How to Avoid Firefighting: Lessons from the 2008 Financial Crisis

The Resilient Enterprise | The riskmethods Blog

It´s been over ten years since the 2008 financial crisis, which affected people and businesses around the world. What can we learn from this global event? And how can we apply these lessons to enterprise risk management within our own companies? 

by Thomas Gröhl

In this post, I break down some of the lessons from 2008, and provide some actionable tips on how you can use what we learned then to improve your own company’s enterprise risk management practices.


The term “firefighting” is one that is used broadly these days, and can refer to a reactive response to any urgent situation. Your IT team can firefight a system outage, your PR team can firefight a bad story flying around social media and your customer service team can firefight a negative review. Firefighting is necessary, and something that every company has to do, at least some of the time. But—and here’s the key—it doesn’t always have to be that way.

In their book about the 2008 financial crisis, Firefighting, Ben Bernanke (former US Chair of the Federal Reserve), Timothy Geithner (former US Secretary of the Treasury) and Henry M. Paulson (former US Secretary of the Treasury) make exactly this argument. Writing for Politico, the pioneers of the American response to the worst US economic crisis since the Great Depression had this to say:

“The U.S. government was not well prepared for the financial conflagration of 2008, which helps explain why this fire burned so hot, why the efforts to contain it often seemed so messy, and even why that response became so wildly unpopular. Better preparation could have created better outcomes.


Firefighting in the EU

The criticality of preventive measures has also been emphasized in literal firefighting. The European Union, to prepare for the risk of forest fires during the upcoming summer season, just put in place the new rescEU system to tackle natural disasters. rescEU aims to step up disaster prevention and preparedness by establishing a simplified reporting framework focusing on key risks, by providing support to member states responding to risk and by setting up a new EU Civil protection network.

The EU and its independent member states agreeing to partner up on this issue should be an inspiration for the business world. So what can businesses do to make sure that they don´t end up fighting their own financial—or other risk management—fire?

Want to know what a truly risk-aware business looks like, and how it incorporates risk information into everyday processes like supplier relationship management?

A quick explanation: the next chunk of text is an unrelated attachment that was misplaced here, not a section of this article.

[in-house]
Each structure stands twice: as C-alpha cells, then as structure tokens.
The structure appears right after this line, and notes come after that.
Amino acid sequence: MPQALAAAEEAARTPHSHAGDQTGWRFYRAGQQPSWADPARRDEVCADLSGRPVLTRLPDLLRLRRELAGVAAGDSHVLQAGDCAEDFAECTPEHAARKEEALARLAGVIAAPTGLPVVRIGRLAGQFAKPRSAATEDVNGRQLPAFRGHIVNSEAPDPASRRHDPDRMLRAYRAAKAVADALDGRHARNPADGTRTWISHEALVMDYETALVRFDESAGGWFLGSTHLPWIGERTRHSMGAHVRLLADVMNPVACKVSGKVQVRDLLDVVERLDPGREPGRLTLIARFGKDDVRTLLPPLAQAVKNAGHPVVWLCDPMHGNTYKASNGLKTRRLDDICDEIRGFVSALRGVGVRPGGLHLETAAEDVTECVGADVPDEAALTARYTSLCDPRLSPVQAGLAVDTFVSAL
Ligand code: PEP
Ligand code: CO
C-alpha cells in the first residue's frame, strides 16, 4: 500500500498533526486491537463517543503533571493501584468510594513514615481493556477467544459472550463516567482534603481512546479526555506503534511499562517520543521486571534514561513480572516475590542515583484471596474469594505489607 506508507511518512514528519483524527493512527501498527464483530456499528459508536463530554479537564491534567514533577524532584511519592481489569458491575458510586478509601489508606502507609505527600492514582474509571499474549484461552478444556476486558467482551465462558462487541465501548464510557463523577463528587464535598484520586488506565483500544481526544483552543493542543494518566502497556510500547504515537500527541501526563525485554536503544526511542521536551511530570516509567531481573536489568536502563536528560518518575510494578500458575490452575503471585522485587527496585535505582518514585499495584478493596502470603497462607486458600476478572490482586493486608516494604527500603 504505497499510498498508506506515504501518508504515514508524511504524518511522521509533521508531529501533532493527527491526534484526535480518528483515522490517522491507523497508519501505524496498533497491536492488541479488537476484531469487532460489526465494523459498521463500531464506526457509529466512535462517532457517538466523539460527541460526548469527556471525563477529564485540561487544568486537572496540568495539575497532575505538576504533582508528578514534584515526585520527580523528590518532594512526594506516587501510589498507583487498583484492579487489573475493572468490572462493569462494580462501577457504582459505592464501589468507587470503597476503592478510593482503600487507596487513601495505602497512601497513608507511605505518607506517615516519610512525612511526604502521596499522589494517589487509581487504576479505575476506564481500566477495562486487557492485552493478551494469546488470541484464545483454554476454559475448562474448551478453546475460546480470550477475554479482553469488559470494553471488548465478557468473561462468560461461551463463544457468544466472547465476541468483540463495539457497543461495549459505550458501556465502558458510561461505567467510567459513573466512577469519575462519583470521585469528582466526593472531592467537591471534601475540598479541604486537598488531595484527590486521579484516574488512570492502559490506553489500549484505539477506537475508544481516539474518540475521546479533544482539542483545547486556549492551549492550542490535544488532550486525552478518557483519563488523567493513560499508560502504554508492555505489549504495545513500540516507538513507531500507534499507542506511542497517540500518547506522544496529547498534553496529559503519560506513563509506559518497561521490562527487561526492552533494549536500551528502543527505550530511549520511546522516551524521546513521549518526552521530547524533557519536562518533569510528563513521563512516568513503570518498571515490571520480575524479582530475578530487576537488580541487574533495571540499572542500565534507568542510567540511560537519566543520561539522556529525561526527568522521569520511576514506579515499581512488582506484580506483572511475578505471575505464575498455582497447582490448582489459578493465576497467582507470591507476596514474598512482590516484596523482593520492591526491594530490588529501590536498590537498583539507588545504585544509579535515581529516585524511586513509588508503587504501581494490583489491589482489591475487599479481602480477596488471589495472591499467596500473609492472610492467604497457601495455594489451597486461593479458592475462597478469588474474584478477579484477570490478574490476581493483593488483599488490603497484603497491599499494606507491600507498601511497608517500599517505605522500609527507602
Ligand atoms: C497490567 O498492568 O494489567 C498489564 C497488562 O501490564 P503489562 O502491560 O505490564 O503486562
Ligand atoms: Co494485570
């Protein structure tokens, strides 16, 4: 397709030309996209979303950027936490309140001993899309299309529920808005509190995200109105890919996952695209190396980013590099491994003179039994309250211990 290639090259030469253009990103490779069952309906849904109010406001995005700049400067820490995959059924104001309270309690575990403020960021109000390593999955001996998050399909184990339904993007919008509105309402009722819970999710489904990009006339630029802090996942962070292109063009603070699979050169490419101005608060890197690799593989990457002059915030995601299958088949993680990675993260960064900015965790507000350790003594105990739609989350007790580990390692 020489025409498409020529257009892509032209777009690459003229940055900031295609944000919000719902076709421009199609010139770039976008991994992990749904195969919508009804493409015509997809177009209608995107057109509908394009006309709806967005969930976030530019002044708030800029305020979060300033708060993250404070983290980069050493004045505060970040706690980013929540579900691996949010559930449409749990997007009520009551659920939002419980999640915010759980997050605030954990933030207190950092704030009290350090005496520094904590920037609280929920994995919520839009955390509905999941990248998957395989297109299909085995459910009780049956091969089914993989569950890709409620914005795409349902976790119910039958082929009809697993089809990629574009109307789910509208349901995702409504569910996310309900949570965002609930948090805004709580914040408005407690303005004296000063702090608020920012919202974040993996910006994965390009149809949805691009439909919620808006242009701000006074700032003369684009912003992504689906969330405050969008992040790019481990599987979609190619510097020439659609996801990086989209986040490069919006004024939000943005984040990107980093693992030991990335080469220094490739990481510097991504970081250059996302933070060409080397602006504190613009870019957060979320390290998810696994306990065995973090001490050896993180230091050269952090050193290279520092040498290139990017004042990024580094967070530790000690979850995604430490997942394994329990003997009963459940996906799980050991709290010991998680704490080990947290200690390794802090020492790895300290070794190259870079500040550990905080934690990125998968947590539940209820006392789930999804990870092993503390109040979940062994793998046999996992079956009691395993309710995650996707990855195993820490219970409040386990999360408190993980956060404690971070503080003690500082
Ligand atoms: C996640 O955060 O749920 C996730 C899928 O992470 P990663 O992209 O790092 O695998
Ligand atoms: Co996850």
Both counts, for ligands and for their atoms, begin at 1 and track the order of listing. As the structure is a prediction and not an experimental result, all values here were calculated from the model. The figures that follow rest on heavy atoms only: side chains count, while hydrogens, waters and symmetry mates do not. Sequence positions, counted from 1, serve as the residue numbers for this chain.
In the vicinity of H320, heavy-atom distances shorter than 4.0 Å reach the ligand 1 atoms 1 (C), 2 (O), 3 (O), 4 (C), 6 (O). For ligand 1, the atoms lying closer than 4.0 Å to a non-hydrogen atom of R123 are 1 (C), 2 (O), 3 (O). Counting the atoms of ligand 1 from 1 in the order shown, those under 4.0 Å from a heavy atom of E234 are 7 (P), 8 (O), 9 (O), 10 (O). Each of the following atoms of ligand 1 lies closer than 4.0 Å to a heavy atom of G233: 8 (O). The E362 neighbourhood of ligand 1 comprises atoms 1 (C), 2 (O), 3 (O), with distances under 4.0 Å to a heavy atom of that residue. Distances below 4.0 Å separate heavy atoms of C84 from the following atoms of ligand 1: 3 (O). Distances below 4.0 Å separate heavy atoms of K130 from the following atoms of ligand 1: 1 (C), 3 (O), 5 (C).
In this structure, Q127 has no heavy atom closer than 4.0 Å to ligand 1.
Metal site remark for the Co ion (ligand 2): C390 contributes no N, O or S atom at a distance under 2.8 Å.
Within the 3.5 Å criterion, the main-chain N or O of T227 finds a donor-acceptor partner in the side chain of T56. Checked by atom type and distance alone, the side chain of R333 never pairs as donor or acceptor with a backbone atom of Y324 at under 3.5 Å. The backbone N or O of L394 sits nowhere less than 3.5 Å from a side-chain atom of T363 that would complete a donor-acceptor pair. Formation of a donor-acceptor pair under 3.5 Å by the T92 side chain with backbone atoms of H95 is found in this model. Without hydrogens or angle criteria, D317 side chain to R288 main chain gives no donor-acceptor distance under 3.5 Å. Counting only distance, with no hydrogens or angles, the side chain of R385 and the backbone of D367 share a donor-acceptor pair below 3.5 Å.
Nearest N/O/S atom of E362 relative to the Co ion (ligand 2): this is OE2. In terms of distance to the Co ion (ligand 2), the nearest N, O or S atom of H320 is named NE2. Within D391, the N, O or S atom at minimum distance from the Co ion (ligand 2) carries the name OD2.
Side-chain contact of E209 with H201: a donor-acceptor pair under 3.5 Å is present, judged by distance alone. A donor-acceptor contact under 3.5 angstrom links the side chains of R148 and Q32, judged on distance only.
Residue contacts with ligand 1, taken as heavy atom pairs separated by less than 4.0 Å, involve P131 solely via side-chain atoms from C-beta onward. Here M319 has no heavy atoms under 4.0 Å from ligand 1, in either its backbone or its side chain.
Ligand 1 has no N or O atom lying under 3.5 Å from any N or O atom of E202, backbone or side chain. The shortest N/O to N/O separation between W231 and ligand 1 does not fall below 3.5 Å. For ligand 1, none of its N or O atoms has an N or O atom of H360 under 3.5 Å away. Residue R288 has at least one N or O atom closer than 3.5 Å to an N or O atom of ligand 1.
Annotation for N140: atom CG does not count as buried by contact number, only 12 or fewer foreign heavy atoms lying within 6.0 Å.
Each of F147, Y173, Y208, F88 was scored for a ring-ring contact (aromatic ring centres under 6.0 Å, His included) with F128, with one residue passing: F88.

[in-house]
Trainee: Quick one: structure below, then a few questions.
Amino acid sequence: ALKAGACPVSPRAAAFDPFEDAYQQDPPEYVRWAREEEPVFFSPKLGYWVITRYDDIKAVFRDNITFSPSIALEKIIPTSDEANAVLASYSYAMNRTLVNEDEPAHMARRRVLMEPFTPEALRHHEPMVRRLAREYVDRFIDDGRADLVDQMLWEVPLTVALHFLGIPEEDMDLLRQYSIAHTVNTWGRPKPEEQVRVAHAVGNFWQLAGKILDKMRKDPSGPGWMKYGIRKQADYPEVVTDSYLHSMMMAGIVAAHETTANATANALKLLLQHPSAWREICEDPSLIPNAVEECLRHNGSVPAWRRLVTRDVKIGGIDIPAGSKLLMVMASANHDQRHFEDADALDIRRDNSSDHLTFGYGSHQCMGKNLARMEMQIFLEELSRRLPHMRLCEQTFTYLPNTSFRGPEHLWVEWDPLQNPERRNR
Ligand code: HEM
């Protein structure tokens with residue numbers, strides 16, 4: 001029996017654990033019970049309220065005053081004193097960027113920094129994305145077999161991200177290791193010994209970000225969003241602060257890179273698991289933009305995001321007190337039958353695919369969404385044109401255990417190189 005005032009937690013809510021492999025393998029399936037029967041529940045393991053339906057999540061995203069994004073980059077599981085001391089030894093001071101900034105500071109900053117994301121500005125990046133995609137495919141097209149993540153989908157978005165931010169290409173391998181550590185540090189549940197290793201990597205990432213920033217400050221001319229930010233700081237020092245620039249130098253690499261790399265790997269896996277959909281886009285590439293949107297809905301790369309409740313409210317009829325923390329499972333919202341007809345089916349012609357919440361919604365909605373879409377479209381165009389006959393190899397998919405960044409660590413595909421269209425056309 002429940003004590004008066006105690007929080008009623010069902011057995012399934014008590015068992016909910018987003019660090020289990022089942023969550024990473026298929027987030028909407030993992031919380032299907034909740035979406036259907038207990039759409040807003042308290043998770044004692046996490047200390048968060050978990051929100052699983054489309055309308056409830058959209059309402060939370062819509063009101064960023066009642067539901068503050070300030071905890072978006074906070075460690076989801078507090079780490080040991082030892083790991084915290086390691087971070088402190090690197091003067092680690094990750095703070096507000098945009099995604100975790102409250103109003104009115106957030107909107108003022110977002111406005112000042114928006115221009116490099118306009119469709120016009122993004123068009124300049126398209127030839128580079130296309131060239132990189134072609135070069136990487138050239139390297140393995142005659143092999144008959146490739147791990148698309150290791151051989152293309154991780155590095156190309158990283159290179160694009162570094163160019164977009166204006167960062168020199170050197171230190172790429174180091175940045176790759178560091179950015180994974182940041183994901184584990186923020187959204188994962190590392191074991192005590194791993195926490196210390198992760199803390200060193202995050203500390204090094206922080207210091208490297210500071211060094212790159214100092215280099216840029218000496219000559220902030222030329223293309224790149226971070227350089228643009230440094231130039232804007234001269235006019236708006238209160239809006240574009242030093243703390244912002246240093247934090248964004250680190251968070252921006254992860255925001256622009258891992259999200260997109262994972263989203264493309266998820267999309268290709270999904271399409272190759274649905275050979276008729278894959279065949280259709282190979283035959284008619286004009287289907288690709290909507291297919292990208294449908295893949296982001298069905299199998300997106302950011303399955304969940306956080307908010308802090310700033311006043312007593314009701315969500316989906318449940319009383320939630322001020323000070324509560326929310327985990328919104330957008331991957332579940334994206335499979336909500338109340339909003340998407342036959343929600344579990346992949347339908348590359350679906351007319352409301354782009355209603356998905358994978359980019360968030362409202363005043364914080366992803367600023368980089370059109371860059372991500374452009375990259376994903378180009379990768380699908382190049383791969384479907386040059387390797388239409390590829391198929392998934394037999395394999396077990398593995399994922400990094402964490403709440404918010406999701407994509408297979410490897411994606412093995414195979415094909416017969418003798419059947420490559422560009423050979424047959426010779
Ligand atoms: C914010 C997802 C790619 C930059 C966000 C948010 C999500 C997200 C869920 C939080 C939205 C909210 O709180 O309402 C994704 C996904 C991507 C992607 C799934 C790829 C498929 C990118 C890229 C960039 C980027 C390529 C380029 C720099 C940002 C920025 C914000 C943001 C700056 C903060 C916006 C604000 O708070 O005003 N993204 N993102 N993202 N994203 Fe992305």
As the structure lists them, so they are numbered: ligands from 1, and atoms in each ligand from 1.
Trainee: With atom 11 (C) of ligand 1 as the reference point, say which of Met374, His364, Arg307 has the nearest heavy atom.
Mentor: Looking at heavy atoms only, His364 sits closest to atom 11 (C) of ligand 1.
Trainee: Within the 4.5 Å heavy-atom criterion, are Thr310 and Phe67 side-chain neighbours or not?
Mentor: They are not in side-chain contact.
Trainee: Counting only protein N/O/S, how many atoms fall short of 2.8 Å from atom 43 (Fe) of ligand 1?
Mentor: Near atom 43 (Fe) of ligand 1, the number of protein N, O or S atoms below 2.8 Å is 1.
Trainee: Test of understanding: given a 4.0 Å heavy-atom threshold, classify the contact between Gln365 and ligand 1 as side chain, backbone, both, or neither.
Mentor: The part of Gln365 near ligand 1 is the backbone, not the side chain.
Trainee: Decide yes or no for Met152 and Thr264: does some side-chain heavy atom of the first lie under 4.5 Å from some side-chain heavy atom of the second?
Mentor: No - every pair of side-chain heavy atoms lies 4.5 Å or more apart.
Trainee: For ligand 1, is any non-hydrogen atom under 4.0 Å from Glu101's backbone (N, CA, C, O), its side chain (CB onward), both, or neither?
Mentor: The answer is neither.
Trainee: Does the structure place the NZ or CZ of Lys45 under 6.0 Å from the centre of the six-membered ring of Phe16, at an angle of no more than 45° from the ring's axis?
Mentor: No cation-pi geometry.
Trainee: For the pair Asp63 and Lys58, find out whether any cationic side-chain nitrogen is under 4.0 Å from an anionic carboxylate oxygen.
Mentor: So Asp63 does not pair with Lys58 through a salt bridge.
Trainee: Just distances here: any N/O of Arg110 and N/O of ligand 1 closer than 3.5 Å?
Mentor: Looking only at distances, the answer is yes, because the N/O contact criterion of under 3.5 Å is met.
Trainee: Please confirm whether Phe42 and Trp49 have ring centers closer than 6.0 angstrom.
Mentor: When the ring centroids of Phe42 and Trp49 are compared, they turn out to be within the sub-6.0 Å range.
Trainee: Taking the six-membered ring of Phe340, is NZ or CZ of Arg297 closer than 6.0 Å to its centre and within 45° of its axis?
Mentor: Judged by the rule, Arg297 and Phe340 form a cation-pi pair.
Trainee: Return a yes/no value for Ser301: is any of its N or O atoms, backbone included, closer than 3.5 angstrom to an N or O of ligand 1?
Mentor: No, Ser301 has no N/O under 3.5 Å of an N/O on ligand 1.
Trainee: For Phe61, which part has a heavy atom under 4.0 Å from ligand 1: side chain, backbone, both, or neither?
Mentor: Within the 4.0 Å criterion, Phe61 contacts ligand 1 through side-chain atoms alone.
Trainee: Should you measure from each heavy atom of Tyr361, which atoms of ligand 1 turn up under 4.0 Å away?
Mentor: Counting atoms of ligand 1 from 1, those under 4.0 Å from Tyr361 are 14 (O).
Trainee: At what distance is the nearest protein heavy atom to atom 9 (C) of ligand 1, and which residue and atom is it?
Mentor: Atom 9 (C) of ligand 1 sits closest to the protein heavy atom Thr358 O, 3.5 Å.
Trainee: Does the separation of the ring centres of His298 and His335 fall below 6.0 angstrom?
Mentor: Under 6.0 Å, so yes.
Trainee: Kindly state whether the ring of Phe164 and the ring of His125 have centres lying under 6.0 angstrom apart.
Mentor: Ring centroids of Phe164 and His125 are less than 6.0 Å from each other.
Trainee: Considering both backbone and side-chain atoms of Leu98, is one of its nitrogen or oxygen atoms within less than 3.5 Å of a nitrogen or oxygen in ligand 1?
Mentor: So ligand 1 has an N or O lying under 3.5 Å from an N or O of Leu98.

3 tips for businesses on how to avoid firefighting

Make risk an enterprise-wide concern

One of the lessons described in Firefighting was about how the structure of the American system left itself open for a financial crisis. Again from Politico: “America’s regulatory bureaucracy was fragmented and outdated, with no one responsible for monitoring and addressing systemic risks.” The truth is, most organizations are in a similar situation. If risk is considered at all, it’s often silo’d out by individual LOBs, instead of centralized and reported up through a single function that enables risk visibility and creates a function for identifying systemic problems. By making risk an enterprise-wide concern, you can start to spot problems before they happen, and take action to stop fighting fires and start preventing fires.

Empower your employees with the authority they need

One of the strong messages from Firefighting is that quick and strong action can avert major disaster—but if the authority for quick and strong action doesn’t exist, then it can’t occur. Do you know who in your organization has the decision-making power to take fast action in the event of a crisis? If not, you should define stakeholders and make sure that they have the clearly established authority along with respective mitigation plans to do what they need to do—before they actually need to do it.

Are you interested in supply chain financial risks? Check out our other articles:

Leverage the power of your network and be inclusive of your (business) partners

A truly comprehensive enterprise risk management program has to consider not just how risk might affect your company directly, but how it might affect business partners—which would in turn affect your company. After the financial crisis, regulatory reforms worked to address this issue from a global economic perspective; specifically, as noted in Politico, “…financial regulators have been mandated to look for potential threats to the financial system as a whole, not just factors that affect individual firms or markets.”  

In other words, don’t just look at what your company is doing—make sure you’ve also got an eye on what’s happening at key business partners, like suppliers, whose own economic crisis would create a ripple effect of risk for you. To this end, establishing a culture of collaboration is necessary. Create an environment that will help you leverage the power of your entire business network to reduce risk. Hopefully, the lessons of 2008 can inspire all organizations, not just government ones, to be more proactive about risk.

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